I believe the road to hell is paved with adverbs, and I will shout it from the rooftops. To put it another way, they’re like dandelions. If you have one on your lawn, it looks pretty and unique. If you fail to root it out, however, you find five the next day . . . fifty the day after that . . . and then, my brothers and sisters, your lawn is totally, completely, and profligately covered with dandelions. By then you see them for the weeds they really are, but by then it’s–GASP!!–too late.
      (Stephen King, On Writing: A Memoir of the Craft. Scribner, 2000)

      1. I think it stems from streamlining writing for readers who want immediate gratification. Yes, overuse of adverbs is like overuse of anything (except dark chocolate, of course). A sprinkling here and there, as needed, can enhance a tale. IMHO. Some may argue with me. Oh heck, some *do* argue with me. But when adverbs are flying like snowflakes, then there’s trouble.

        My biggest pet peeve? “was” Passive, passive, did I say, passive?

        Oh, and, like ReGi said, your skirt’s fine (but there’s TP stuck to your shoes).

      2. I agree about the dark chocolate thing…

        But passive writing is my archilles heel – I think it comes from reading lots of old stories – stories that were written to be told. And apart from Josiah being written in first person, his voice is very passive too… but that’s a mountain to cross on another day *keeps plodding through first draft mire…*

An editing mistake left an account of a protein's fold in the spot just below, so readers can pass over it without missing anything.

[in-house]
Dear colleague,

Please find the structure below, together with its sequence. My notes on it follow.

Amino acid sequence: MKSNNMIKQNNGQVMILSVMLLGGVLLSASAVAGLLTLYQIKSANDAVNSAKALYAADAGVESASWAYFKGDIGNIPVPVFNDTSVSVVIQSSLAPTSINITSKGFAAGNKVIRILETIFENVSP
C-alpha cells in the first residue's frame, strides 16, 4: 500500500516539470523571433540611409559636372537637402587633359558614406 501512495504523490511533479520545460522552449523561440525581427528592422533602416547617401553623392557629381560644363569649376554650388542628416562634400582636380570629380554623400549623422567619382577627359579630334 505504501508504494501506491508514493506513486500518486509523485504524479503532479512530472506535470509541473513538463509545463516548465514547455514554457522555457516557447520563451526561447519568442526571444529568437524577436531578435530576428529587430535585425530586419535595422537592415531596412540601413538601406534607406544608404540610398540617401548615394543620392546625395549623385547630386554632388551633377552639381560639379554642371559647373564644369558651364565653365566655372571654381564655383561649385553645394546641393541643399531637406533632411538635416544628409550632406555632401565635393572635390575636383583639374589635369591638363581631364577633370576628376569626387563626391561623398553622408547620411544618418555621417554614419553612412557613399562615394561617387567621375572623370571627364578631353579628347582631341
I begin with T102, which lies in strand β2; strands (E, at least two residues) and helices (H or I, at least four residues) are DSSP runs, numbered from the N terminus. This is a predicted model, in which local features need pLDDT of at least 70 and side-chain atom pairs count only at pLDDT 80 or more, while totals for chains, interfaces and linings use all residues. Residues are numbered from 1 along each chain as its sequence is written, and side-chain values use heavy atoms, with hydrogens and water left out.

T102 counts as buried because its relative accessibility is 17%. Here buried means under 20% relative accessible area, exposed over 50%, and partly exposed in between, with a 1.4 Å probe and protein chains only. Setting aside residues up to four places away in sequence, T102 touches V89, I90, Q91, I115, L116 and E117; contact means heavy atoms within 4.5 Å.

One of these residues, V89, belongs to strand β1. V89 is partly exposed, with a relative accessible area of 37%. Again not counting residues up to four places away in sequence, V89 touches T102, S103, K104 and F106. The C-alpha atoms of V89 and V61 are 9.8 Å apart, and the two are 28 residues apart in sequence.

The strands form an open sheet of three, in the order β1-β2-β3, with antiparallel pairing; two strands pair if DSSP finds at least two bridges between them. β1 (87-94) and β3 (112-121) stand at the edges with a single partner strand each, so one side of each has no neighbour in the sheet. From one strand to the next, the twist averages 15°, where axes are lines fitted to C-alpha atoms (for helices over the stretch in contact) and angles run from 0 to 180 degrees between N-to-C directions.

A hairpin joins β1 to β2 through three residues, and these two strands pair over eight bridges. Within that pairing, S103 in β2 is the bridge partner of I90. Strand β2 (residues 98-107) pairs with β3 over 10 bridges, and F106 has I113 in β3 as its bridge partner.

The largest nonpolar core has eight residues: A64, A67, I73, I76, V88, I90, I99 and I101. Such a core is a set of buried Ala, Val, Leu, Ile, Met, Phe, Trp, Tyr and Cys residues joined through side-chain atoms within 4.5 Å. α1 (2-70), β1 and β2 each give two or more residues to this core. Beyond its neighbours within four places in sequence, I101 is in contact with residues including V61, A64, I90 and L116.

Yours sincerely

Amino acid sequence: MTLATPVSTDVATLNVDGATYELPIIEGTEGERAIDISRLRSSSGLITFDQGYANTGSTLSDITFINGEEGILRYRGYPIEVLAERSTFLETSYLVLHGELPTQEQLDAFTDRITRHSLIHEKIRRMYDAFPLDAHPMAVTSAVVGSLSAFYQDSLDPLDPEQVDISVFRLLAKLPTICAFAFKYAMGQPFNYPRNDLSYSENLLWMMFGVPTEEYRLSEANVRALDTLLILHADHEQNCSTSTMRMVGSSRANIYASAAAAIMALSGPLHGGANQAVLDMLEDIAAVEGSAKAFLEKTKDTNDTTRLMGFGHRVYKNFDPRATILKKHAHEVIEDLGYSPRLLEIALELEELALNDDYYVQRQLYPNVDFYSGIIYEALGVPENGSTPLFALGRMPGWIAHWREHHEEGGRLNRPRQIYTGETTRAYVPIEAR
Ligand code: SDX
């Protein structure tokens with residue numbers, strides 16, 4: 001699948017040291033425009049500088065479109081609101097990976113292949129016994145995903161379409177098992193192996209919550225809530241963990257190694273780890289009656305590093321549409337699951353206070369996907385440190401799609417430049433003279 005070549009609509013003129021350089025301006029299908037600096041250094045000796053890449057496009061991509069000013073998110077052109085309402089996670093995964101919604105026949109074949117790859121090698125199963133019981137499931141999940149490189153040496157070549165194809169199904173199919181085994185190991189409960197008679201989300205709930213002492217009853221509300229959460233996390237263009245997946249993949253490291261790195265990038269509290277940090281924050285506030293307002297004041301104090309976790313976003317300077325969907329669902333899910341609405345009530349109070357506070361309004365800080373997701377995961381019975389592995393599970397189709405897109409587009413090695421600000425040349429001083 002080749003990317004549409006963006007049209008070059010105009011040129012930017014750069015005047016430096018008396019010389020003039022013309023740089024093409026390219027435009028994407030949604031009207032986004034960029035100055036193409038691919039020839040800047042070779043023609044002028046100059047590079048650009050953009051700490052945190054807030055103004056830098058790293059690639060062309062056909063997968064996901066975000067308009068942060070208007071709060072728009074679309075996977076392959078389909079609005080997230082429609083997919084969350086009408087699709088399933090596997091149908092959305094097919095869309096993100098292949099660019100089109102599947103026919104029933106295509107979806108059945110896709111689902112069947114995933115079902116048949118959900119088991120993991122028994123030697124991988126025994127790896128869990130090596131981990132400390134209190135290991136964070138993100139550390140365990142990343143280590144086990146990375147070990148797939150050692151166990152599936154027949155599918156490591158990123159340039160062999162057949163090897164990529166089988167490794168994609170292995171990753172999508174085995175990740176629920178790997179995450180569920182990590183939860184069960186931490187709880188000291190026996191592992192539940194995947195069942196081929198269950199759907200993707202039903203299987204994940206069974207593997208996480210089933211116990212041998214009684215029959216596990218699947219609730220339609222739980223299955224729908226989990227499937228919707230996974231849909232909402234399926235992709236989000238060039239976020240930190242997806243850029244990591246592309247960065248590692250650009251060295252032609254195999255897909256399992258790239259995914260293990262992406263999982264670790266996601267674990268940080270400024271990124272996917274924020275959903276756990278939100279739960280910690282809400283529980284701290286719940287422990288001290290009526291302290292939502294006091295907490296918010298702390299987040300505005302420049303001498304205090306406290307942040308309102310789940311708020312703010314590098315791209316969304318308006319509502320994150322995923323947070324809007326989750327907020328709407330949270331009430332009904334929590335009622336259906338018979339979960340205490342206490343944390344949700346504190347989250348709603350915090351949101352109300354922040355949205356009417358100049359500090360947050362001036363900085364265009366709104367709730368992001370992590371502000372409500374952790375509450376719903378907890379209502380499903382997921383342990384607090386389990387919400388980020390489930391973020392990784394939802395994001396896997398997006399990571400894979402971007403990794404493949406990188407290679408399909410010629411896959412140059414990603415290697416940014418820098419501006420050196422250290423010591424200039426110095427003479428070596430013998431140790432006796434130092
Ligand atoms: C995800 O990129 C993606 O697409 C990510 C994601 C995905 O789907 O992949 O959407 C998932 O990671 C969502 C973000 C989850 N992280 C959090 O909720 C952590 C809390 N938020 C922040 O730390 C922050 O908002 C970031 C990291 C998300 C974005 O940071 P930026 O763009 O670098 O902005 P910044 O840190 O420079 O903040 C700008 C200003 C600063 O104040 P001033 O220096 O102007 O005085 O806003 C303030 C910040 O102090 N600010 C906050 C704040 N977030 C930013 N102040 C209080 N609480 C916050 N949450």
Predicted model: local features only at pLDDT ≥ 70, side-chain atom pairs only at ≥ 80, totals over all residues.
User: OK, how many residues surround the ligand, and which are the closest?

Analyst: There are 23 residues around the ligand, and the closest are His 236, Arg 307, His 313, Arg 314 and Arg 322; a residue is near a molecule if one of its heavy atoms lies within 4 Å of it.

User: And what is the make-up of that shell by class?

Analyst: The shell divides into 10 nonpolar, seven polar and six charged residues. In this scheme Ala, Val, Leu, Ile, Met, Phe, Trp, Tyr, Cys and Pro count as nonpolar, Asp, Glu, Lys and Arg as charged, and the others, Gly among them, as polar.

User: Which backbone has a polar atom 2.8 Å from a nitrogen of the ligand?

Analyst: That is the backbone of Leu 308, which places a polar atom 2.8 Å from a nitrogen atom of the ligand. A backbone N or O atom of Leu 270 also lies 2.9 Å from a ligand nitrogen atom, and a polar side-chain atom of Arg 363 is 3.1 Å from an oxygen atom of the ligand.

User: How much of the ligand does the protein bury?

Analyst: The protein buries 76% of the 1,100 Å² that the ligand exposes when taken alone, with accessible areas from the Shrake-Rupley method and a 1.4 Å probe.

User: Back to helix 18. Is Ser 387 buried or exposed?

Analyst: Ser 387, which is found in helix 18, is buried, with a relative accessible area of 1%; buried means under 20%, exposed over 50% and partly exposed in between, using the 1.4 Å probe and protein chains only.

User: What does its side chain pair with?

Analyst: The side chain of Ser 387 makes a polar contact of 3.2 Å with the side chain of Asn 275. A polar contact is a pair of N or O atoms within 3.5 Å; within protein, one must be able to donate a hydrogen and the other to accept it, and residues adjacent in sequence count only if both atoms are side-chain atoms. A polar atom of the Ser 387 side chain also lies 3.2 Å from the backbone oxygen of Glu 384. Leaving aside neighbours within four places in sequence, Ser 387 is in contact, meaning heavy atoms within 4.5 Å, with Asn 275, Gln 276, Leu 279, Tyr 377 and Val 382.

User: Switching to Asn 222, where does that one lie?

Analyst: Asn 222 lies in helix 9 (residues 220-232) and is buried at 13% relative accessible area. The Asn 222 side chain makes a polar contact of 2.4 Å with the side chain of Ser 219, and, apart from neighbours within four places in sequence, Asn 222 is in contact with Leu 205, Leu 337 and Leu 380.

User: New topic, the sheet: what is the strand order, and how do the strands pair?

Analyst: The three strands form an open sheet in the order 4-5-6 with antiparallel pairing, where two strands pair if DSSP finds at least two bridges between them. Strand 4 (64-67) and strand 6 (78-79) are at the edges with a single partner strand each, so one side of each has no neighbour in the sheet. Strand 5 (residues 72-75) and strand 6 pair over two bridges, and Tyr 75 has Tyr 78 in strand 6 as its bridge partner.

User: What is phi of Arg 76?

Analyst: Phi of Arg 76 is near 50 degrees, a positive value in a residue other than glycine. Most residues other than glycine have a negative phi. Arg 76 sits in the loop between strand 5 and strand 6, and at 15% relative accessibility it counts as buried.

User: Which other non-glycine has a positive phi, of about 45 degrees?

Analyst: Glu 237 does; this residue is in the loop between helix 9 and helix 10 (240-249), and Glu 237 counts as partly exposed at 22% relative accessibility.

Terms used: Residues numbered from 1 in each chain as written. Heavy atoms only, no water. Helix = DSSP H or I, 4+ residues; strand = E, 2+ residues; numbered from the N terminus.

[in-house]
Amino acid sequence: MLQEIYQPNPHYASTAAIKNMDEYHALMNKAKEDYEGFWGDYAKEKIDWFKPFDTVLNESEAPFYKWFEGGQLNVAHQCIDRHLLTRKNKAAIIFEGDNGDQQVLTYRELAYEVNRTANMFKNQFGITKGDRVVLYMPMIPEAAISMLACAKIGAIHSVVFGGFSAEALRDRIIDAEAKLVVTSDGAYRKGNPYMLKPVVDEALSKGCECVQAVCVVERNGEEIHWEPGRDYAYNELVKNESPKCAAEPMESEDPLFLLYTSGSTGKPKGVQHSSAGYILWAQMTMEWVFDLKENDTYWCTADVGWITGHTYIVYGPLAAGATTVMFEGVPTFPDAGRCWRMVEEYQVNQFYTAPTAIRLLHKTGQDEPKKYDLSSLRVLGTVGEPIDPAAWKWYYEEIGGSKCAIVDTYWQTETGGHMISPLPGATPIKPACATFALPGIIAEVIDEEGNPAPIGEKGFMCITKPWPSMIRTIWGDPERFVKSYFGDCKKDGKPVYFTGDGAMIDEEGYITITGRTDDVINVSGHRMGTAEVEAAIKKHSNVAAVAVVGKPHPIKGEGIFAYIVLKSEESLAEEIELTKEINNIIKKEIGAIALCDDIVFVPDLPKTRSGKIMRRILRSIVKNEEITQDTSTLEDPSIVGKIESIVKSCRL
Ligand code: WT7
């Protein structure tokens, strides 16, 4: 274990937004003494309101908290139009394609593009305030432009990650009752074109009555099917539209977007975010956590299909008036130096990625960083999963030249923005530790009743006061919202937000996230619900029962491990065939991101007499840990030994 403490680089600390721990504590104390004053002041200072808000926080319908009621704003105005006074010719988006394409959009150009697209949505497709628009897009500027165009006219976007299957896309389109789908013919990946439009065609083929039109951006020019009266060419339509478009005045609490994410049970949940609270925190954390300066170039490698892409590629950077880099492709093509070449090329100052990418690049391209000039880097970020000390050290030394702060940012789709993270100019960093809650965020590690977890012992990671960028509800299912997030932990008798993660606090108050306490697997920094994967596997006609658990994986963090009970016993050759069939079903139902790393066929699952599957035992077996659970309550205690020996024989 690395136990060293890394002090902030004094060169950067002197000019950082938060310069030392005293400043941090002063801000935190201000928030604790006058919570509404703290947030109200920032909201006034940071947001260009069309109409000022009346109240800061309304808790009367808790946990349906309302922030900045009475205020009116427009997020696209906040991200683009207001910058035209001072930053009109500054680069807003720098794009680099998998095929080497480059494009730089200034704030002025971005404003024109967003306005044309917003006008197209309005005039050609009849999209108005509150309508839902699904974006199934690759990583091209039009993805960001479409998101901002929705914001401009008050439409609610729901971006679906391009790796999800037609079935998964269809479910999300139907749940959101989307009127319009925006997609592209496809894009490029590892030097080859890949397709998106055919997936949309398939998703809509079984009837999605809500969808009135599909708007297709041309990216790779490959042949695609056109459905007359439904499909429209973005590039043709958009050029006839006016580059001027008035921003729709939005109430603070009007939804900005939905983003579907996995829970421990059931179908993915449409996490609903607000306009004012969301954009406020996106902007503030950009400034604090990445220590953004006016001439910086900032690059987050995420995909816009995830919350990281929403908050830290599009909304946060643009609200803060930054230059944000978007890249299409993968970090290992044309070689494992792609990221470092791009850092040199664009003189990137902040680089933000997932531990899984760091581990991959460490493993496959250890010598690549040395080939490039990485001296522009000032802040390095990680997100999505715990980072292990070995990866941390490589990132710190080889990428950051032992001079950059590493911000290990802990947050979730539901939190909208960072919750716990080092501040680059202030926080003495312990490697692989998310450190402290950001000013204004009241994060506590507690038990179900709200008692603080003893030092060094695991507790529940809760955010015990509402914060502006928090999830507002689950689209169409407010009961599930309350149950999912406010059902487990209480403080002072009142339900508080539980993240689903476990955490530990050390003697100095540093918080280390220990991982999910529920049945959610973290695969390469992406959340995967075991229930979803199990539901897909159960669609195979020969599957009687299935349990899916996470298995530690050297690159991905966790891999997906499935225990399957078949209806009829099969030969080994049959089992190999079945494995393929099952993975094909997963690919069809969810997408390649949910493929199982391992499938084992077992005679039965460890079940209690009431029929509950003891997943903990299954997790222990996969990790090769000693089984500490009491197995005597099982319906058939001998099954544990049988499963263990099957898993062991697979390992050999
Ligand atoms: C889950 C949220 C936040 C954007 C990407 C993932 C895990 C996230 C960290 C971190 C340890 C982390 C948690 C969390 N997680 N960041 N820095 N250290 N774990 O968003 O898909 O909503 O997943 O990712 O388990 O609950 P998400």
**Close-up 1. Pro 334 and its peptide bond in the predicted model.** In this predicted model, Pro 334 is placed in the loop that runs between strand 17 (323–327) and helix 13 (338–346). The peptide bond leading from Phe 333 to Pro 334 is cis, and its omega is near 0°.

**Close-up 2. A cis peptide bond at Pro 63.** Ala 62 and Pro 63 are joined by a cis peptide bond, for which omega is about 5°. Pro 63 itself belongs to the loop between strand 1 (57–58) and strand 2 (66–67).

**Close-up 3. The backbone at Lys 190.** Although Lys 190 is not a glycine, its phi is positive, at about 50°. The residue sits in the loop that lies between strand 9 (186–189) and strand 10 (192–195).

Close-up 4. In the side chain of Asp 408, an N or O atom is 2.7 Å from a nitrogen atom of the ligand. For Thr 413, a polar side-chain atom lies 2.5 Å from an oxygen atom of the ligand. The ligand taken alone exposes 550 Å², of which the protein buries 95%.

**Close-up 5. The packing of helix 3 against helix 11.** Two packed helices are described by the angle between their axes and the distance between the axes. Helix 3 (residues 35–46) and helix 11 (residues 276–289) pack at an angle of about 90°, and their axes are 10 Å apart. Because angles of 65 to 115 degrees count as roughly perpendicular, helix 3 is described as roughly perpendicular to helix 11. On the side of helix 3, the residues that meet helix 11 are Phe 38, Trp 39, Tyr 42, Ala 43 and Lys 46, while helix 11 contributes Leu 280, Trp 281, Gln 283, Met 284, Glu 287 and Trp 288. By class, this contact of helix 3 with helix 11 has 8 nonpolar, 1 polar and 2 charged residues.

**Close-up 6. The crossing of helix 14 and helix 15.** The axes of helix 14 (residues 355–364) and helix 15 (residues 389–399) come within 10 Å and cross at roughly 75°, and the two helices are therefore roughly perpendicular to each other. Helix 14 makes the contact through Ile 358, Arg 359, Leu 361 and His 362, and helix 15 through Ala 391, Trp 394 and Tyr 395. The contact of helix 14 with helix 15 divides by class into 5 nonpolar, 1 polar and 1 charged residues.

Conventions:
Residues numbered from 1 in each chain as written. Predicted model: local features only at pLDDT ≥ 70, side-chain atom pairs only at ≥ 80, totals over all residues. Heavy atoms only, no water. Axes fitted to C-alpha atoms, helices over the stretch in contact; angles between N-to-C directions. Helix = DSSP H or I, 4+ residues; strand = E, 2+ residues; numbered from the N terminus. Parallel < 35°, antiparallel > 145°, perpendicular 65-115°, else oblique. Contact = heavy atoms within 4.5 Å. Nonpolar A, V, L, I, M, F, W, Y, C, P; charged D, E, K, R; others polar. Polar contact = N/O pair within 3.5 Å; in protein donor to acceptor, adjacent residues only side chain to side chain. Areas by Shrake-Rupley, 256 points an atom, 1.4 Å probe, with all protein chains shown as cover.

Blimmin TP…. @#%$!

  2. I don’t read Stephen King. I’ll quote Mr. Adverb himself instead. “For indeed it is a fact that I make [Dr. Verb’s] words much more useful than they otherwise would be.” (Grammar Land by M.L. Nesbitt.) – I quite agree.

    Funny, true story about dandelions: An acquaintance of ours was born and raised in one of the Alaska Native-Russian villages. The first time he came to Anchorage (to visit his step-daughter, I believe), he also saw dandelions for the first time. He thought them so pretty, he took some home to plant in his garden. That village is now overrun by dandelions every spring. 😛

  3. This character certainly is intriguing Raewyn. Is she young or is she old? Or is she both?? That’s the wonderful thing about fantasy writing – you can more or less do what you want with your story. As long as you’re consistent within the world you’ve created of course. I was writing a fantasy story for older children a couple of years ago. But I gave up in the end because different people were telling me different ways I could improve it and in the end that confused and bewildered me. I was trying to rewrite the story before I’d even finished it and that killed it for me really. But it is something that I would consider going back to some day; maybe starting afresh would really help. Who knows, one day I may even be able to finish it…